An Empirical Model for Rainfall Maximums Conditioned to Tropospheric Water Vapor Over the Eastern Pacific Ocean

Sheila Serrano-Vincenti, Thomas Condom, Lenin Campozano, Jessica Guamán, Marcos Villacís

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3 Scopus citations


One of the most difficult weather variables to predict is rain, particularly intense rain. The main limitation is the complexity of the fluid dynamic equations used by predictive models with increasing uncertainties over time, especially in the description of brief, local, and high intensity precipitation events. Although computational, instrumental and theoretical improvements have been developed for models, it is still a challenge to estimate high intensity rainfall events, especially in terms of determining the maximum rainfall rates and the location of the event. Within this context, this research presents a statistical and relationship analysis of rainfall intensity rates, total precipitable water (TPW), and sea surface temperature (SST) over the ocean. An empirical model to estimate the maximum rainfall rates conditioned to TPW values is developed. The performance of the maximum rainfall rate model is spatially evaluated for a case study. High-resolution TRMM 2A12 satellite data with a resolution of 5.1 × 5.1 km and 1.67 s was used from January 2009 to December 2012, over the Eastern Pacific Niño area in the tropical Pacific Ocean (0–5°S; 90–81°W), comprising 326,092 rain pixels. After applying the model selection methodology, i.e., the Akaike Information Criterion (AIC) and the Bayesian Information Criterion (BIC), an empirical exponential model between the maximum possible rain rates conditioned to TPW was found with R2 = 0.96, indicating that the amount of TPW determines the maximum amount of rain that the atmosphere can precipitate exponentially. Spatially, this model unequivocally locates the rain event; however, the rainfall intensity is underestimated in the convective nucleus of the cloud. Thus, these results provide an additional constraint for maximum rain intensity values that should be adopted in dynamic models, improving the quantification of heavy rainfall event intensities and the correct location of these events.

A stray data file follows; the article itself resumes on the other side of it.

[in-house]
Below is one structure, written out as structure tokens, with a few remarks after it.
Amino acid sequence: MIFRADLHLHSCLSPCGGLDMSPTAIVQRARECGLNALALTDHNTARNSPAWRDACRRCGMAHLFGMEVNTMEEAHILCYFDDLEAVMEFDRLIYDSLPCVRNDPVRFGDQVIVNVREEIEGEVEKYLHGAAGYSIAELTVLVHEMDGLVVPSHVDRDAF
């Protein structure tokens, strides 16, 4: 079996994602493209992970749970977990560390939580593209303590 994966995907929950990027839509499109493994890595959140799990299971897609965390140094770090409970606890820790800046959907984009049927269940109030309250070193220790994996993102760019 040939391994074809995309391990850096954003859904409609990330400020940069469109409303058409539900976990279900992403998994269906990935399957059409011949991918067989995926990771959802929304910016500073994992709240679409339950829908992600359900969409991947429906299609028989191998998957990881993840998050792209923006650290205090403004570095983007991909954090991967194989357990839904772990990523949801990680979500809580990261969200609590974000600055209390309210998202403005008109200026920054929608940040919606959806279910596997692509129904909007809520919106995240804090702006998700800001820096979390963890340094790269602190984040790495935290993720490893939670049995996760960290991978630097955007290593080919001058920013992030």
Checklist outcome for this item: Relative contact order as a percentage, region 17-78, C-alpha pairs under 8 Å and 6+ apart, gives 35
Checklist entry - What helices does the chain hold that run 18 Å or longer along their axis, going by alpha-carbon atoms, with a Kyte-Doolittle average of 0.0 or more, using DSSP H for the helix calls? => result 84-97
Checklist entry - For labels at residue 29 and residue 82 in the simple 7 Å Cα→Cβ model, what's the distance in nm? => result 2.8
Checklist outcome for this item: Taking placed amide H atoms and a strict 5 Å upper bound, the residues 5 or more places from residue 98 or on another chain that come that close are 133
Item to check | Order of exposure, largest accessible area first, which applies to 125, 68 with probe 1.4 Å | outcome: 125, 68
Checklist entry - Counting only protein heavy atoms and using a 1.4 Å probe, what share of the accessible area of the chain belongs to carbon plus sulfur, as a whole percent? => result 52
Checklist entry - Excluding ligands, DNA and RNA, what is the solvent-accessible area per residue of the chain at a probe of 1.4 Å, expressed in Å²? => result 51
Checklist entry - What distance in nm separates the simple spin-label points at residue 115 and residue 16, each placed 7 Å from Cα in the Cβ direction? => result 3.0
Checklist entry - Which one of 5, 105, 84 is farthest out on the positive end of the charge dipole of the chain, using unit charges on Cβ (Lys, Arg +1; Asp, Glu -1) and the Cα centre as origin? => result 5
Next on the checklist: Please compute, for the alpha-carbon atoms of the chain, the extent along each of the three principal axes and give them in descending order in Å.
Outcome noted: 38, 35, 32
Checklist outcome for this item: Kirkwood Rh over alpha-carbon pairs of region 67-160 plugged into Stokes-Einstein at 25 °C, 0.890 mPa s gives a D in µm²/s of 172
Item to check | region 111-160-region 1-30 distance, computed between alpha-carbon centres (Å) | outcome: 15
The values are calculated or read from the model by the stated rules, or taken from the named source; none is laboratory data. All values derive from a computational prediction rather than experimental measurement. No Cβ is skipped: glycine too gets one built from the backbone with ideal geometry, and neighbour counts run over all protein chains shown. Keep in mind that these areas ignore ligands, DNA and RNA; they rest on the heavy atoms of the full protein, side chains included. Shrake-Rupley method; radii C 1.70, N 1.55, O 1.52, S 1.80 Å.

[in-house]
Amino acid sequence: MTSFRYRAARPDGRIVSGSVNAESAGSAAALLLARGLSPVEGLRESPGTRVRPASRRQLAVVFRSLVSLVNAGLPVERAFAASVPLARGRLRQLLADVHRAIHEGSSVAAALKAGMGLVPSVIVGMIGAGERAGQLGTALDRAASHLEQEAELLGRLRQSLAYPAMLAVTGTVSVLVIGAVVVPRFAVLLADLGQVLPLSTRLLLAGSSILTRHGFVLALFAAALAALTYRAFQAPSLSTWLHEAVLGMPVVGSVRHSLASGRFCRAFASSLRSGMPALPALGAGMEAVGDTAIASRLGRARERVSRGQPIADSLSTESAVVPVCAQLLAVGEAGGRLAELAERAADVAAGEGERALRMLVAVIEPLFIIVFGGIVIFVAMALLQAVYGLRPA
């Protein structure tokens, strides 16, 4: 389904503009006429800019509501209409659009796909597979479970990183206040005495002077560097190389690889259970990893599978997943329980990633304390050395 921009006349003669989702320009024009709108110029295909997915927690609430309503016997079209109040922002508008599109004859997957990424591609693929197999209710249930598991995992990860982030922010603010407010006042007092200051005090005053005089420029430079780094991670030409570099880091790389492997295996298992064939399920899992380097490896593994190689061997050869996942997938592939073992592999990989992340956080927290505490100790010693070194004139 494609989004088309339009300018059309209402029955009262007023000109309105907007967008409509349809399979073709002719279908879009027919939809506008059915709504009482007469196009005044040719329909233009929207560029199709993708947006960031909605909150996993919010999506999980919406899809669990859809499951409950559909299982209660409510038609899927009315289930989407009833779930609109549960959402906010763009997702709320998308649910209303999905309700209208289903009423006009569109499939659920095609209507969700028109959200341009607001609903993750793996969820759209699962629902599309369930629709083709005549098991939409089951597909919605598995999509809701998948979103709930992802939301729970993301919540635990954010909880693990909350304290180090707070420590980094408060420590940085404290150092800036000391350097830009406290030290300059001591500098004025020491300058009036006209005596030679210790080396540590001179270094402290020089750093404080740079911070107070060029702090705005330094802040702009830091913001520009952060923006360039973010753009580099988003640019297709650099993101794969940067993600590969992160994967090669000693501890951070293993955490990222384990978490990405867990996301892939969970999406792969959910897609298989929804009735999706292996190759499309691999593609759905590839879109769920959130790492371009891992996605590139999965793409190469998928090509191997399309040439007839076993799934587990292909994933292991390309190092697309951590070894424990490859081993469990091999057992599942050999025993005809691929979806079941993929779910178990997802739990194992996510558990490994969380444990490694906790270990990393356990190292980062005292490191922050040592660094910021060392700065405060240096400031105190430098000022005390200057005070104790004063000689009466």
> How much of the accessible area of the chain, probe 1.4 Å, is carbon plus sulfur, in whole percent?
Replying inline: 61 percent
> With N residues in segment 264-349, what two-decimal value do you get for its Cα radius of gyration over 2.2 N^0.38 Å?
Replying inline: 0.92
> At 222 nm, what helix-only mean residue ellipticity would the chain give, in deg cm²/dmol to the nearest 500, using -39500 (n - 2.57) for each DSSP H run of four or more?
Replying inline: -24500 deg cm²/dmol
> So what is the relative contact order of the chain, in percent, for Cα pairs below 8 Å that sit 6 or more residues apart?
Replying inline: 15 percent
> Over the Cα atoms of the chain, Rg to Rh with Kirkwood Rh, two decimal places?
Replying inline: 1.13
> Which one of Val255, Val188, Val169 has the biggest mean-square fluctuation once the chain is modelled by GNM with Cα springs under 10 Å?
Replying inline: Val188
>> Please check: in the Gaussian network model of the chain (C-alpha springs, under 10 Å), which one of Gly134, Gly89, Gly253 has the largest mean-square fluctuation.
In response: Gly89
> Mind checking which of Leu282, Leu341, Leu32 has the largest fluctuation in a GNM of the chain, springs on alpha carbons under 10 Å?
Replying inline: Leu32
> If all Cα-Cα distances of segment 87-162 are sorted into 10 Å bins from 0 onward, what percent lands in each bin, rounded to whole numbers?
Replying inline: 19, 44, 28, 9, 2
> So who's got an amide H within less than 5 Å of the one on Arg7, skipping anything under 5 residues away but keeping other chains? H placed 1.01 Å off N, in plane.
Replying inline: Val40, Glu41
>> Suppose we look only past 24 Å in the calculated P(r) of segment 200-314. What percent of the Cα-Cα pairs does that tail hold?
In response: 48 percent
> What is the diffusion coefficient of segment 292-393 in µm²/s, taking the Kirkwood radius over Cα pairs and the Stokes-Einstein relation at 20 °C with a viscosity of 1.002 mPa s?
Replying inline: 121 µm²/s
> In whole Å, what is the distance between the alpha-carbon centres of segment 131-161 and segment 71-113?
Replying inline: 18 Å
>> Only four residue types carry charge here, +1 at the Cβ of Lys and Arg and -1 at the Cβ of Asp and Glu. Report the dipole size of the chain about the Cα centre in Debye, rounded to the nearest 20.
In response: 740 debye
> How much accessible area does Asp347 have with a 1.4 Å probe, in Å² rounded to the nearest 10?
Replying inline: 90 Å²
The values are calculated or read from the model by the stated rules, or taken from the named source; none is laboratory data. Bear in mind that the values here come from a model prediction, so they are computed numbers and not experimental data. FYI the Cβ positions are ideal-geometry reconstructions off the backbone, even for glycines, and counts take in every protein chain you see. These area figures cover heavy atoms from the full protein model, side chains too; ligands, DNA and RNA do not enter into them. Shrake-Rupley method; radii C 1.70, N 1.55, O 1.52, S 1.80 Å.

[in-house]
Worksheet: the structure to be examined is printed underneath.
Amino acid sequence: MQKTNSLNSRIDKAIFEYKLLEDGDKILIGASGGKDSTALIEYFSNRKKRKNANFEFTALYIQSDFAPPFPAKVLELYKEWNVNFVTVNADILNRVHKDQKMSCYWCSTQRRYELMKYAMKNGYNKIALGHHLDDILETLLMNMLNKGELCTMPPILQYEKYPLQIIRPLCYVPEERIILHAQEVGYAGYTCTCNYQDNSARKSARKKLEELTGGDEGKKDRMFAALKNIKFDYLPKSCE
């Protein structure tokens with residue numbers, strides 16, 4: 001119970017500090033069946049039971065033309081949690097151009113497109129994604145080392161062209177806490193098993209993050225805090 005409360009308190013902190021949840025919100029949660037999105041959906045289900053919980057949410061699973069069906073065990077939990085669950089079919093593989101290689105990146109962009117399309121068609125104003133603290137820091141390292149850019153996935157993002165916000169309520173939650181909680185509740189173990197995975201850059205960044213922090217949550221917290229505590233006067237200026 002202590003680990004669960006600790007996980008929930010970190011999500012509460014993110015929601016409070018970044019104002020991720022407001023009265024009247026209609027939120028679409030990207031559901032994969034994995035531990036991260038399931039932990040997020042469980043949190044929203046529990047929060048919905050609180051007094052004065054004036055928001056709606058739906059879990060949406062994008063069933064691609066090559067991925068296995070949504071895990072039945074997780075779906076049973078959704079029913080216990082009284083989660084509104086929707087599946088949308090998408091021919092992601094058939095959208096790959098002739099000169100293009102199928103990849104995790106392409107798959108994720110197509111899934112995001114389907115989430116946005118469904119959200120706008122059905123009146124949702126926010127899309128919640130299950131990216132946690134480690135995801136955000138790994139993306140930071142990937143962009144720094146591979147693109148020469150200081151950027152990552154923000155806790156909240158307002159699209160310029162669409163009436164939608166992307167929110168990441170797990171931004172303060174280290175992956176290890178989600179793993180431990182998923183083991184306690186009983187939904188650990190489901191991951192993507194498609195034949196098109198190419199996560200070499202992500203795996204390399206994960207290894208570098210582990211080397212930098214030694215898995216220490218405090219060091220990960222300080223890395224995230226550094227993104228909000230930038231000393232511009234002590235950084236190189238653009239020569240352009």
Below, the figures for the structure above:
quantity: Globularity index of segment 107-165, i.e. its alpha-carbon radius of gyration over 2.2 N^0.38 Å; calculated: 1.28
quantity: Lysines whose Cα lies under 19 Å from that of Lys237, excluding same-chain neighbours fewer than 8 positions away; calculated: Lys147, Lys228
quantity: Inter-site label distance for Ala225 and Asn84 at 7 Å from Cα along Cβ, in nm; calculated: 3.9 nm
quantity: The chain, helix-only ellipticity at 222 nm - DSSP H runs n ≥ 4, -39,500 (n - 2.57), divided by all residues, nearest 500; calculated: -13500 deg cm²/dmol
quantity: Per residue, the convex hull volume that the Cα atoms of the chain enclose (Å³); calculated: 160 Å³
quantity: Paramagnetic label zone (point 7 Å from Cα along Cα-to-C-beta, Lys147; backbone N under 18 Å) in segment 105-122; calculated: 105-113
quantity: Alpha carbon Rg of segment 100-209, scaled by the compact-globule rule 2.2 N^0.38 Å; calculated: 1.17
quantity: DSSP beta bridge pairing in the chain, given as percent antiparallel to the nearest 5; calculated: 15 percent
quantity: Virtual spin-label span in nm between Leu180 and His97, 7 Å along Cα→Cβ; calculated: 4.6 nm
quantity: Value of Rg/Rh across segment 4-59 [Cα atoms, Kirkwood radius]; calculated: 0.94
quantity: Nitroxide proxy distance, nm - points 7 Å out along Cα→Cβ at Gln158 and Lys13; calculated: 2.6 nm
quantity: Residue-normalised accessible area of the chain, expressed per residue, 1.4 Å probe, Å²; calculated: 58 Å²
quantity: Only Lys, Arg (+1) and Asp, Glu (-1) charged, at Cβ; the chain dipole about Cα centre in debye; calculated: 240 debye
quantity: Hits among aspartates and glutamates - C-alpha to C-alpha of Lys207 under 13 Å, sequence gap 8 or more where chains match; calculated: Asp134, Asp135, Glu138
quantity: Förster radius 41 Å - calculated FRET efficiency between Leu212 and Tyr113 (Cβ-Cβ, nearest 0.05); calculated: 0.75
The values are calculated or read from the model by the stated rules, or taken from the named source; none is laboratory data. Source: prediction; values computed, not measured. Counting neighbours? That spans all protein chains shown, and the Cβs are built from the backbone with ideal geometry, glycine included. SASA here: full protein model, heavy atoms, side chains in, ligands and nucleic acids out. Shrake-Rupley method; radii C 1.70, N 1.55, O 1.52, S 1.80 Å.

Original languageEnglish
Article number198
JournalFrontiers in Earth Science
StatePublished - 9 Jul 2020

Bibliographical note

Funding Information:
This research was carried out using the research computing facilities and advisory services offered by the Scientific Computing Laboratory at the Research Center on Mathematical Modeling: MODEMAT, Escuela Polit?cnica Nacional, Quito, Ecuador. The satellite data was provided by the Goddard Earth Sciences Data and Information Services Center of NASA Goddard Space Flight Center. Additionally, the authors are thankful for the technical support provided by Leandro Robaina. And appreciate the comments made by the reviewers which have greatly enriched this research. Funding. Financial support was given by Universidad Polit?cnica Salesiana doctoral scholarships. The authors also thank the IRD and EPN for the LMI GREATICE grant.

Publisher Copyright:
© Copyright © 2020 Serrano-Vincenti, Condom, Campozano, Guamán and Villacís.

Copyright 2020 Elsevier B.V., All rights reserved.


  • high resolution precipitation models
  • integrated water vapor
  • intense rain
  • model selection
  • TRMM 2A12


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